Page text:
Category: Uncategorized

Wednesday, November 5th, John Halloran, PhD Student in the School of Social Service Administration presents Social Processes and Neighborhood-Level Maltreatment Rates

By , November 5, 2014 2:54 pm

 

Please join us November 5th in SS 401 from 4:30-5:50pm to hear John Halloran, PhD student in the School of Social Service Administration at Chicago, present his paper ‘Social Processes and Neighborhood-level Child Maltreatment Rates‘.  This presentation will focus on the use of administration data in neighborhoods research.
Food will be provided. We hope to see you there!

Wednesday October 22nd, 4:30-5:50 pm, Forest Gregg, PhD Student in the Department of Sociology, Presents: “Learning Neighborhoods”

By , October 20, 2014 3:26 pm

 

Please join us this Wednesday, October 22nd in SS 401 from 4:30-5:50pm to hear Forest Gregg, PhD Student in the Sociology Department at Chicago, present his paper ‘Learning Neighborhoods’
Jeffrey Parker, PhD Student in the Sociology Department at Chicago, will be serving as discussant. Food and drink will be provided. We hope to see you there!
For a copy of the paper, please contact Theresa Anasti at tanasti@uchicago.edu.  For concern about room accessibility issues, please contact Brian Tuohy at btuohy@uchicago.edu.

Follow us on Twitter!

By , October 9, 2014 2:09 pm

Follow the City, Society and Space workshop on Twitter, (@UCCitySociety) where we will be posting information about our workshops and other pertinent events.

Wednesday October 15th, 4:30-5:50 pm, Chad Broughton, Senior Lecturer in the Harris School of Public Policy Presents: “Padre Mike and the Rise of Reynosa, Tamaulipas”

By , October 9, 2014 2:03 pm
Please join us for our first presentation of the year next Wednesday, October 15th in SS 401. Chad Broughton, Senior Lecturer in Public Policy Studies at Chicago, will be presenting his paper ‘Padre Mike and the Rise of Reynosa, Tamaulipas’.The abstract for the presentation is below and two chapters from his book Boom, Bust, Exodus: The Rust Belt, the Maquilas, and a Tale of Two Cities are attached. To facilitate constructive feedback, we ask that you try and read these before the talk. Food will be provided, we hope to see you there!
Abstract for Padre Mike and the Rise of Reynosa, Tamaulipas:
 
This article chronicles the rise of Reynosa, Tamaulipas, a border city on the fringes of American consciousness, and yet where much of the hemisphere’s stuff is made. The border boomtown—just across the Rio Grande from its sister city McAllen, Texas—is the consummate neoliberal city, a global production center where northern capital meets southern labor in the maquiladora. Texan Mike Allen, a priest-turned-power broker, almost single-handedly propelled this sleepy petroleum town into a frenetic, sprawling city that bustles with hard-laboring migrants and throbs with the energy of commerce, legal and illegal. Dubbed “Nafta Man” by Time for his savvy bilingual and bicultural deal-making, the story of Mike Allen and his organization, the McAllen Economic Development Corporation, offers a window into the dynamics of burgeoning second-tier cities that are absorbing the rural displaced. This account, based on historical and ethnographic research, explores the making and ethos of the brave new urban world at the U.S.-Mexico border.

Thursday May 8th, 4-5:20 pm, Alexandra Murphy, postdoctoral fellow at the National Poverty Center at the University of Michigan Present: “When the Sidewalks End: Poverty in an African-American Suburb”

By , May 8, 2014 12:21 pm

Hello all,

 

Please join us TODAY, May 8th (SS 302, 4:00-5:20pm) to hear Alexandra Murphy, postdoctoral fellow at the National Poverty Center at The University of Michigan,  present her talk ‘When the Sidewalks End’. An abstract for the presentation and a short bio can be found below.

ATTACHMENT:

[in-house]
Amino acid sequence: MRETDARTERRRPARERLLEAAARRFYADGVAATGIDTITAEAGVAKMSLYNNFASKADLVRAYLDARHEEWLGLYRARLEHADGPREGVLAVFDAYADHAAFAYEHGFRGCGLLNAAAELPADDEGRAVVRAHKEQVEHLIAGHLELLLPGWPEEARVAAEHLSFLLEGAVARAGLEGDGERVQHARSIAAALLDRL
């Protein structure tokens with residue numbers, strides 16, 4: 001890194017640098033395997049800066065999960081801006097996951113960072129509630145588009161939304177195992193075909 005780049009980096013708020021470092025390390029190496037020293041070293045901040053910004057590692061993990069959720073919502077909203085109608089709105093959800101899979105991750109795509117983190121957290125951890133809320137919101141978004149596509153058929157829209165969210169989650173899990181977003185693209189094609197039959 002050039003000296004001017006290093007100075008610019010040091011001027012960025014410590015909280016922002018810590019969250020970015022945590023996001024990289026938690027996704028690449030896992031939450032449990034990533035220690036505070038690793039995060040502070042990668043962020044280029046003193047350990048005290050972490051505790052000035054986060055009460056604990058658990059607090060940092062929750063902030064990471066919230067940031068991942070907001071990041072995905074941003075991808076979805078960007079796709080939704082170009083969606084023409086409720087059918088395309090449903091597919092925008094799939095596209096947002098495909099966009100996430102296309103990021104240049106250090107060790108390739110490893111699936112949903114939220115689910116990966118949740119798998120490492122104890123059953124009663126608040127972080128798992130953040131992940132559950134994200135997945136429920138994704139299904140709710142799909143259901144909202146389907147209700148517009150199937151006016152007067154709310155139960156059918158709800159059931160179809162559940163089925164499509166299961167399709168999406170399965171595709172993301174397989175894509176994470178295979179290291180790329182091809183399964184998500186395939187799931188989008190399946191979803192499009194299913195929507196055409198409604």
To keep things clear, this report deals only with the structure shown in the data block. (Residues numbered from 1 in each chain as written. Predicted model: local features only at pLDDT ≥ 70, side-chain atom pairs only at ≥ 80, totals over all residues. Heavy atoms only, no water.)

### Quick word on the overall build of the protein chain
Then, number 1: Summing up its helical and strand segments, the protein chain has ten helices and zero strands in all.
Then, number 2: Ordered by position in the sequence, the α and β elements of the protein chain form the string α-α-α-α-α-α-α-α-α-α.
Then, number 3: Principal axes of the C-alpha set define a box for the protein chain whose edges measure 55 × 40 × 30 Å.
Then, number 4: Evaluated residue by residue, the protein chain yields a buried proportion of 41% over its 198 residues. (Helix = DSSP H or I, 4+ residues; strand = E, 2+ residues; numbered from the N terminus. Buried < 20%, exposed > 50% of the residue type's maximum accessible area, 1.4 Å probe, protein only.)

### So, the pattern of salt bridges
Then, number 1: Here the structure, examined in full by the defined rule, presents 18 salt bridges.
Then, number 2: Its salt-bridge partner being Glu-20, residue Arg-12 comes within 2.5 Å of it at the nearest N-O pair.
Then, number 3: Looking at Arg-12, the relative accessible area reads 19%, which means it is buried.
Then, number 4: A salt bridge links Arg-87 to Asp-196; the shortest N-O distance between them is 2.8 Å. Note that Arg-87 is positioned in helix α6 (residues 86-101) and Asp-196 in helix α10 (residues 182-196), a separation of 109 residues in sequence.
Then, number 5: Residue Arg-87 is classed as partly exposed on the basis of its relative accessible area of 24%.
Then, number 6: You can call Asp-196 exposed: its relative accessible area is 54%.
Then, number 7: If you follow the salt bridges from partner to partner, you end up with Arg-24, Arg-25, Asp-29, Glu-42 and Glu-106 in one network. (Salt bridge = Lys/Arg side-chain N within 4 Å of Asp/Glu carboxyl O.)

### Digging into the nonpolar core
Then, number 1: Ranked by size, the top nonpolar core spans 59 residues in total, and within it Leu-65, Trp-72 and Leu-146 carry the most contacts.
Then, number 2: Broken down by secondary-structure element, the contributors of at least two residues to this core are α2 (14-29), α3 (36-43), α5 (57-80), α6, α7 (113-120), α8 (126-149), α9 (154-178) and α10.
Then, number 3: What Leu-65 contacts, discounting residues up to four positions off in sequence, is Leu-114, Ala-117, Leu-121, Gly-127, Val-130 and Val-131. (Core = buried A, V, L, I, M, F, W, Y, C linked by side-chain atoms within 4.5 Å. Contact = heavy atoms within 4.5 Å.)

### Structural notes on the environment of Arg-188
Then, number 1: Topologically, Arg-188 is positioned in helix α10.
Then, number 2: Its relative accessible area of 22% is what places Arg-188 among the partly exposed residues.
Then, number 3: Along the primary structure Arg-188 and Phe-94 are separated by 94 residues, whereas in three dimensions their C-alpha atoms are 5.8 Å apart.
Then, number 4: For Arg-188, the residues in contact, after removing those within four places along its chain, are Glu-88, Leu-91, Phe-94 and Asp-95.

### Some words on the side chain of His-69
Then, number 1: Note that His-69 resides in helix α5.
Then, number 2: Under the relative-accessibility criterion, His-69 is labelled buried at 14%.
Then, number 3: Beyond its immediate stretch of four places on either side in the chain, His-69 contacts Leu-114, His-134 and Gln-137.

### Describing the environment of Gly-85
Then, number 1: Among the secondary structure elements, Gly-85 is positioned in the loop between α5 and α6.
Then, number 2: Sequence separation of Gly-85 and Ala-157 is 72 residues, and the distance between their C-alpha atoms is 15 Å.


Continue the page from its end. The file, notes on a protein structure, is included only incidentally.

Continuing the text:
Food will be provided. Persons requiring special assistance or accommodation should contact btuohy@uchicago.edu. We hope to see you there!

 

Abstract:

 

The geography of poverty in the U.S. has changed dramatically. For the first time in American history, the suburbs are now home to the greatest share of people living in poverty. To date, we know little about the everyday lives of low income suburban residents or the community context in which they live. To fill this gap,Murphy moved into a Pittsburgh suburb experiencing rising poverty where she conducted 3.5 years of fieldwork among residents, community organizations, and the local government. Her talk “When the Sidewalks End” draws upon this fieldwork to examine how the social lives of low income residents are shaped by a built environment designed for middle class people with cars. She uses cuts to public transportation to illustrate a new form of isolation experienced by low income residents of the suburb and discusses the implications of this isolation for residents, the community, policy, and theories of social isolation that dominate studies of the urban poor.

 

Bio:

 

 

 

Alexandra K. Murphy is a Postdoctoral Fellow at the National Poverty Center at the University of Michigan. She received her PhD in Sociology and Social Policy from Princeton University in 2012. Murphy’s research interests include ethnographic methods, urban sociology, poverty and inequality, race, organizations, and social policy. For the last few yearsMurphy has been drawing upon fieldwork methods to examine the everyday lives of poor people living in the suburbs as well as the organizational and political context of the suburbs in which they live. This work has resulted in articles published in City & Community, Sociological Forum, Social Science Quarterly, and The ANNALS. CurrentlyMurphy is drawing upon this fieldwork to write When the Sidewalks End: Poverty in an American Suburb (under contract with Oxford University Press). The book is based on three and a half years living in and studying one Pittsburgh suburb where poverty has been rising. This work has been featured in media outlets like The New York Times, Atlantic Cities,and Pittsburgh Tribune Review. Murphy is also co-editor, with Mitchell Duneier and Philip Kasinitz, of The Urban Ethnography Reader (Oxford University Press 2014).

Prof. Elijah Anderson, William K. Lanman Jr. Professor of Sociology at Yale University to present at CSS Workshop Thursday, May 1st from 4-5:20 PM

By , April 29, 2014 3:38 pm

Please join on Thursday May 1st, from 4-5:20 pm to discuss Prof. Elijah Anderson’s latest project,
“The Iconic Ghetto: A Reference Point for the New American Color Line.”

The talk will be held in Room 302 in the Social Sciences building, 1126 E. 59th St.  Please contact Theresa Anasti at tanasti@uchicago.edu for an advance copy of the paper.

See below for Dr. Anderson’s bio: